I hadn't seen Jake since I was twenty-one, over forty years ago. Back then he carried a case of whiskey in the trunk of his maroon '59 Olds hardtop, you know, the one with those killer taillights that made it look like a rocket ship. The churches had a stranglehold on the legislature back then and you couldn't buy liquor by the drink, so Jake stayed prepared.
Not that he was any kind of Boy Scout. No, he was just big and ornery and liked to scrap—well known in Amarillo's rowdier circles as a fucker, a fighter, and a wild horse rider. Cruising around town one afternoon, he chased one old boy up into his own driveway and broke the guy's finger for cutting us off and flipping us the bird when Jake honked.
It was always one damn thing after another. Like the night he got me drunk in a bowling alley and slapped me silly for insulting his cute little barmaid girlfriend. My jaw swole up and I couldn't chew right for a week.
Another night he knocked a cop under a car for butting into an argument in a honkytonk parking lot out on Northeast 8th. It could have been about anything, but it was likely over a woman or a gambling debt. The cop crawled out waving his gun and took him straight to jail.
But what Jake really loved was gambling—poker, football, horses, you name it. During the racing season, he and his buddies would pile into the Olds for the 430-mile round trip to Raton and get there in time to bet every race. I'd go along if there was room, but being just a kid, I always had to sit in the middle of the front seat, the radio blaring country music in my face as we raced across the high plains at a hundred miles an hour. About halfway there we'd stop for gas and ice-cold cokes, which came in little glass bottles embossed on the bottom with the name of the town where they'd been made. We'd bet on whose bottle had traveled the furthest and I won once with one from Detroit.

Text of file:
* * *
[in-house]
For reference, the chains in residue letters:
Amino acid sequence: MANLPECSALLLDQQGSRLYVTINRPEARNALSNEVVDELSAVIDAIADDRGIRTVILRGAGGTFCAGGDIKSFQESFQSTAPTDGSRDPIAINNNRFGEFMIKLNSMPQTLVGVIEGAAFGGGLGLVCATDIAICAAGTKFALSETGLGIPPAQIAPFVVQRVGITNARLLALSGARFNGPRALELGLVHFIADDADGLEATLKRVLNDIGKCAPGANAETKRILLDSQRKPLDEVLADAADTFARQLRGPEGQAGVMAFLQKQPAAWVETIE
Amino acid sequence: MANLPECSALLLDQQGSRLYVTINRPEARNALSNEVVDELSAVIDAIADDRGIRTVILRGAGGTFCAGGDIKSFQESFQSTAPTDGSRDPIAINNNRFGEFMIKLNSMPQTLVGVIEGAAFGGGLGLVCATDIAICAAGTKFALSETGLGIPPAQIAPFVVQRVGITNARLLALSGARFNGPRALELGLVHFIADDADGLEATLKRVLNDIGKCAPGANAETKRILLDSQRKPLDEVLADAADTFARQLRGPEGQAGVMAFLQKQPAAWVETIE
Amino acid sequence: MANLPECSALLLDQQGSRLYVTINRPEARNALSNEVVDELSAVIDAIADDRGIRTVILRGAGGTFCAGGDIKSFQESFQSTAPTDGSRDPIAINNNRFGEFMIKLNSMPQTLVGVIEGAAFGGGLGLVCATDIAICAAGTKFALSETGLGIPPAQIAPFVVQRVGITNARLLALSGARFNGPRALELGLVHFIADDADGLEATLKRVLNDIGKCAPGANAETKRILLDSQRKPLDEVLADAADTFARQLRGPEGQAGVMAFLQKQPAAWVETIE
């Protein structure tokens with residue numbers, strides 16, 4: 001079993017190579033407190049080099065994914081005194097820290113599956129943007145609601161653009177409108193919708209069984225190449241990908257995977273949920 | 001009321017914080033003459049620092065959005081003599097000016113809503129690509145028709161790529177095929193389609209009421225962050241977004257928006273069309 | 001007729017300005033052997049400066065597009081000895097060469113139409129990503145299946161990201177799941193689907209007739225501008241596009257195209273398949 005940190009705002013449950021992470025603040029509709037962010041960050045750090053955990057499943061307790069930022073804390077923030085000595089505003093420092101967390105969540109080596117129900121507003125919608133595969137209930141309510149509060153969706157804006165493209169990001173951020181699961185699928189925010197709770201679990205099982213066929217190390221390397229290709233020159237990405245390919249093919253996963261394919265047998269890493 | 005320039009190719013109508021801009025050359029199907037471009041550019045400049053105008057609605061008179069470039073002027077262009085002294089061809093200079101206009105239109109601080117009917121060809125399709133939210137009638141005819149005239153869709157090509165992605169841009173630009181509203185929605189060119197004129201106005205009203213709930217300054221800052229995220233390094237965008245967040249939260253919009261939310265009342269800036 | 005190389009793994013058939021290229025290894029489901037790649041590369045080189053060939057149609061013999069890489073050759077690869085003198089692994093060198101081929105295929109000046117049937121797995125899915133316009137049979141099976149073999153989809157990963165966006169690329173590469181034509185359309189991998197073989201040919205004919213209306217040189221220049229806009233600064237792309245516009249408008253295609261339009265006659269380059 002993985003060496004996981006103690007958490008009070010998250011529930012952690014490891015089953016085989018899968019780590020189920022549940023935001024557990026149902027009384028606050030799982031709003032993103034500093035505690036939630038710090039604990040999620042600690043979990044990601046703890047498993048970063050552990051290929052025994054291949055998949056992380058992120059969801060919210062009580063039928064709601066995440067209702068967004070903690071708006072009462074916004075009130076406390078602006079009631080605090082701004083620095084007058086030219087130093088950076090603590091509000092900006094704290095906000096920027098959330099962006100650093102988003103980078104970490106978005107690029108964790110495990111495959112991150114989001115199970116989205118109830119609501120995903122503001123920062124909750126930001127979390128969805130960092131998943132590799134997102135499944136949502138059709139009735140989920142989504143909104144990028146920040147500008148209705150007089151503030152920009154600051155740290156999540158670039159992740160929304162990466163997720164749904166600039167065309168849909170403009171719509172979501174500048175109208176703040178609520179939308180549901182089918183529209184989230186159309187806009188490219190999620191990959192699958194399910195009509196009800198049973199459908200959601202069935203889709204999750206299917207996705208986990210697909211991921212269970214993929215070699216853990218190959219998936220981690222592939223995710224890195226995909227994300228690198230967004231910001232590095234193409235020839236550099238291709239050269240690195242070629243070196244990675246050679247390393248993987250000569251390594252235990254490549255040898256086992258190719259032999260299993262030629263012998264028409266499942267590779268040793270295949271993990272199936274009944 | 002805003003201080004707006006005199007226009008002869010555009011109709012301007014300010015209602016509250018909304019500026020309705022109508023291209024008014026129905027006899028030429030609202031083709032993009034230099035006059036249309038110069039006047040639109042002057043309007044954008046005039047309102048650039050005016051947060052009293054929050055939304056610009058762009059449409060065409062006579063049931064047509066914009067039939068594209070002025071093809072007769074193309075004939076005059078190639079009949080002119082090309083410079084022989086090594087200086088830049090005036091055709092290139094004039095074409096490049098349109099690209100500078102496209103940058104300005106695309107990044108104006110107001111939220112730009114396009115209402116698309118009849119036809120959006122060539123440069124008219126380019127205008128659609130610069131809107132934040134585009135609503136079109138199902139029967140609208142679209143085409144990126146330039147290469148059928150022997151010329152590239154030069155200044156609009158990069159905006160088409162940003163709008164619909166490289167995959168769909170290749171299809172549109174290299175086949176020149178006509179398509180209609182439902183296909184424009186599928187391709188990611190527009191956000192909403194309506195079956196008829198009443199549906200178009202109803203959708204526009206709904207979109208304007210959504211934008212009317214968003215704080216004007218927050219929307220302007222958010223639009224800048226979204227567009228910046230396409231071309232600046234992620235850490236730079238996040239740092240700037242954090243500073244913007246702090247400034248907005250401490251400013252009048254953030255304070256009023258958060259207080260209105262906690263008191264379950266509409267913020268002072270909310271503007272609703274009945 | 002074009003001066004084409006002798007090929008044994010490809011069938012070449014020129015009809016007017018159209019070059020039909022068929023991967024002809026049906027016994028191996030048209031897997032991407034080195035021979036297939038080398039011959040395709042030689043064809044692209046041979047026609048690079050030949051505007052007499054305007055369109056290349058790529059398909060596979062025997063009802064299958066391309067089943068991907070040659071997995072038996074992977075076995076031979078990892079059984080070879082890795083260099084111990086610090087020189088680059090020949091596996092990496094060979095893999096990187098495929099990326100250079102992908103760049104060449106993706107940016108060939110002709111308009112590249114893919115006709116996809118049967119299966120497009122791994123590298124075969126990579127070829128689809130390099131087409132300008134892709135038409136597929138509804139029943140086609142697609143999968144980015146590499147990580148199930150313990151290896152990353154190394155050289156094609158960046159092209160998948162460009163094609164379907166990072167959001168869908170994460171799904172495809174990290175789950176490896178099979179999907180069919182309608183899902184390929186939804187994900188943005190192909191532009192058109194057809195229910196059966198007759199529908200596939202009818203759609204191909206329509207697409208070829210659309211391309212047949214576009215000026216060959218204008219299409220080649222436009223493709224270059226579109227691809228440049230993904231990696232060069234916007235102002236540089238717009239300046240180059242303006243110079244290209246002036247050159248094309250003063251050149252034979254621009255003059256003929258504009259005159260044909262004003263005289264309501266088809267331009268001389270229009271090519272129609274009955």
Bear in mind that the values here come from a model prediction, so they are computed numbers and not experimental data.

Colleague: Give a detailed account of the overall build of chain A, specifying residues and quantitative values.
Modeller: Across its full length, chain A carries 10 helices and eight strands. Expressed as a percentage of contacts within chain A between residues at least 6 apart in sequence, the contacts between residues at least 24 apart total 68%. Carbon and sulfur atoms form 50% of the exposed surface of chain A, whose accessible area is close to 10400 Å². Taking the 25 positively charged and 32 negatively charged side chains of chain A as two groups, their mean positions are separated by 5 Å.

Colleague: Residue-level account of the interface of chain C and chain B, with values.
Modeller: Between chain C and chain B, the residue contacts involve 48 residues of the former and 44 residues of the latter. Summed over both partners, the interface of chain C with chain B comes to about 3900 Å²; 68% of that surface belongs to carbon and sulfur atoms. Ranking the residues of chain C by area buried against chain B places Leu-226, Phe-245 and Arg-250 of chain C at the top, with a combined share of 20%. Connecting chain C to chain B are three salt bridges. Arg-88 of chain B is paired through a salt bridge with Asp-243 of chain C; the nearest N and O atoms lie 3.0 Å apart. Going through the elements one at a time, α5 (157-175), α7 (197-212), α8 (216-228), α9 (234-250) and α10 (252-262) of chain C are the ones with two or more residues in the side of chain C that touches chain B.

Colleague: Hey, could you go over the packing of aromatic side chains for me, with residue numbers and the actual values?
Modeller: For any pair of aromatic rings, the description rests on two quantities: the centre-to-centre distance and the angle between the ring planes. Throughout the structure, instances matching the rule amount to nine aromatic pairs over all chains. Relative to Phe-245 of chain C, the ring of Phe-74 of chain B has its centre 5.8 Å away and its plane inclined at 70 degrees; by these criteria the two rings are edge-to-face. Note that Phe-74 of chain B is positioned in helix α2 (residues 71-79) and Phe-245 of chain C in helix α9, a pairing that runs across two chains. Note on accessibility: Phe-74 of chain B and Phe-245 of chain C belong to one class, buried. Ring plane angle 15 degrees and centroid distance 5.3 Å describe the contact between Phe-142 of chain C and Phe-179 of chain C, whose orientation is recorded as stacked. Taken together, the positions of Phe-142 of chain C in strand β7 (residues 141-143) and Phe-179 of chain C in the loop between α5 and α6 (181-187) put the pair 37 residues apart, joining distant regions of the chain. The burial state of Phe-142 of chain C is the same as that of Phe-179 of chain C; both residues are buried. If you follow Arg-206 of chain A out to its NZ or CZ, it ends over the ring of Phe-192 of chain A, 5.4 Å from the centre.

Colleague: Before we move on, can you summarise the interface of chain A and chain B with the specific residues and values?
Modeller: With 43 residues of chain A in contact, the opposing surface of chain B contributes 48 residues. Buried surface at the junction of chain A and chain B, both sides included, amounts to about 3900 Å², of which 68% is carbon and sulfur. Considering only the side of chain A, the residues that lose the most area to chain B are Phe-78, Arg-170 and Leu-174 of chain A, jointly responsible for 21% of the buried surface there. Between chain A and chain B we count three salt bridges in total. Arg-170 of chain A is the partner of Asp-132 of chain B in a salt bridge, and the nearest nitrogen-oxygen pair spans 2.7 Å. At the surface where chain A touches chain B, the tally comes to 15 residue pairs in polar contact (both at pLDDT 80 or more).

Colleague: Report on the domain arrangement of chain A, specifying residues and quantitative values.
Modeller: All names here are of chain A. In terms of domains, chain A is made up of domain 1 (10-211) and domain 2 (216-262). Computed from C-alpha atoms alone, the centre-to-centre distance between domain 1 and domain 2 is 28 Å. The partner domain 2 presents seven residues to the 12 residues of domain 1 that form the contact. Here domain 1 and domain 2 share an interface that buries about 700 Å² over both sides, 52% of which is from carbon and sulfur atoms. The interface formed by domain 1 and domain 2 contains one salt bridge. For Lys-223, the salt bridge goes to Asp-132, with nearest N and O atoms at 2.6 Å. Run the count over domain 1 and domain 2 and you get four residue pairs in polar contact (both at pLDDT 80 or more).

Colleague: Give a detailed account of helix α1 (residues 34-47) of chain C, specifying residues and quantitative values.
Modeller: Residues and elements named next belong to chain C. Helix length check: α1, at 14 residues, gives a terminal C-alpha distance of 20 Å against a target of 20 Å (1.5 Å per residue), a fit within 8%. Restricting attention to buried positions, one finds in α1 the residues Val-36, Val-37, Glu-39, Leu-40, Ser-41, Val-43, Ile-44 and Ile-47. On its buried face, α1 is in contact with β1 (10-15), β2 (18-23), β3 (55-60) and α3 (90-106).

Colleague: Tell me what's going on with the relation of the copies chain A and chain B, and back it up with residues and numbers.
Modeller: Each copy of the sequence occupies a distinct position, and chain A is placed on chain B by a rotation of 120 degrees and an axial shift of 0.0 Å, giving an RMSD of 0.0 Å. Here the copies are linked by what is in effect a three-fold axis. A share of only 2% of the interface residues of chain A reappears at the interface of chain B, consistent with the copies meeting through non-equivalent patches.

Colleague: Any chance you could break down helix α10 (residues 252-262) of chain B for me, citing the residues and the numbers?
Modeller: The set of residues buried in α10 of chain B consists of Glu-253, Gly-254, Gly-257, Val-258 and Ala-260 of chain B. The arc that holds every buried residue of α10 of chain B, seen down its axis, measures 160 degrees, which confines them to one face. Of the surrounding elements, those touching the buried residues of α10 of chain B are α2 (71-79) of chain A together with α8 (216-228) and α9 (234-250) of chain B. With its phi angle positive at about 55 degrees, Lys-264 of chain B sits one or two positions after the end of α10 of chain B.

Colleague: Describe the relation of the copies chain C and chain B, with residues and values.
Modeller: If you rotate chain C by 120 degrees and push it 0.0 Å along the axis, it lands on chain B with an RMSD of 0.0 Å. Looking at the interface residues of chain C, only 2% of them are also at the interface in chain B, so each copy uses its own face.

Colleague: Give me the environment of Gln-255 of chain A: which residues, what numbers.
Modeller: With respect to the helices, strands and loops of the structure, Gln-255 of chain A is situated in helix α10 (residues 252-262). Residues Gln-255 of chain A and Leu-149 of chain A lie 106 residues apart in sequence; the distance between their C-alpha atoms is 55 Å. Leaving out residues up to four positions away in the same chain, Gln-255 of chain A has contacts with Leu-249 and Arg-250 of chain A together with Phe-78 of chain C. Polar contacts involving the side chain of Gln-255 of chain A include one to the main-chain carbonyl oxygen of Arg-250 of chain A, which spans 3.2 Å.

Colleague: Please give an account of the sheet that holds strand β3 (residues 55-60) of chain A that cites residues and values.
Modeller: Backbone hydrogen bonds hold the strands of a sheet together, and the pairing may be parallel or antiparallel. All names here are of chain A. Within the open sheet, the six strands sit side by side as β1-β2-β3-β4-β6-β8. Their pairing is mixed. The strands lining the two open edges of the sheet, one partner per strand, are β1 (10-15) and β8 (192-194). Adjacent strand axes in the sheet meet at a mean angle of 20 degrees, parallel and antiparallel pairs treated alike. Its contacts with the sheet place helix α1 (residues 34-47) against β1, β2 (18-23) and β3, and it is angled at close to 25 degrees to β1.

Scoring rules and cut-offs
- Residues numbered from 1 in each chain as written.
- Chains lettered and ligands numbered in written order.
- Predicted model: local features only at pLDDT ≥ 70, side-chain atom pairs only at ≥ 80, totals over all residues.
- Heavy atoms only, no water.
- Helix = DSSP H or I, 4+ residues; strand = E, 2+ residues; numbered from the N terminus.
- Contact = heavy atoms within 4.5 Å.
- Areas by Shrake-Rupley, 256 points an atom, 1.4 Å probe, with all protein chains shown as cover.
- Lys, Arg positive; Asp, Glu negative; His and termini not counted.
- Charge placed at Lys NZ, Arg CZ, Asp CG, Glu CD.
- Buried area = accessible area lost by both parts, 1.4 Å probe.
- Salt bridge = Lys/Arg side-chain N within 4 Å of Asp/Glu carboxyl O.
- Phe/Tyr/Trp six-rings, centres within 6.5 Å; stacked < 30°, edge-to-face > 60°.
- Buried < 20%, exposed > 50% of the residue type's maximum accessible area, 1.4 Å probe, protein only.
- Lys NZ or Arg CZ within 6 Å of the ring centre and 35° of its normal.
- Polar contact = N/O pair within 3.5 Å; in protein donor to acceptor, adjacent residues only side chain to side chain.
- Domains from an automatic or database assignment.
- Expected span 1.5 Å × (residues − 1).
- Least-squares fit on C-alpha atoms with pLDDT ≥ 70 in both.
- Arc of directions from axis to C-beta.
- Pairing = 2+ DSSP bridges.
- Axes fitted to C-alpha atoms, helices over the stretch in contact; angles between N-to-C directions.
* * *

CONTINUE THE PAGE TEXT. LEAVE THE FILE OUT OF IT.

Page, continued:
Good times and easy money, that was Jake, always looking for some kind of angle. Years after I left town, I heard he fell in with a bunch of professional gamblers and got into bookmaking: bet $110 and if your team beat the point spread, you got back $210. Three-team parleys paid five to one. Jake finally ended up in federal prison when one of his customers wore a wire.
You'd think he'd learn, but easy money still seduced him, and within a year of his parole, Jake was back in the pen again for the exact same crime. I thought he was smart, but maybe not.
One of his drinking buddies later said that last trip inside about broke him, said he never was the same afterwards and pretty much toed the line from then on, running a quiet little vending machine trotline and a bail bond business out of a tiny office downtown.
But I wasn't there for any of it, so I can't say if what I heard was the actual truth or not. I do know, if you can believe Google, that Jake is gone now. I would bet, though, that he didn't leave this world without a fight.
Barry Basden lives in the Texas Hill Country and edits Camroc Press Review.
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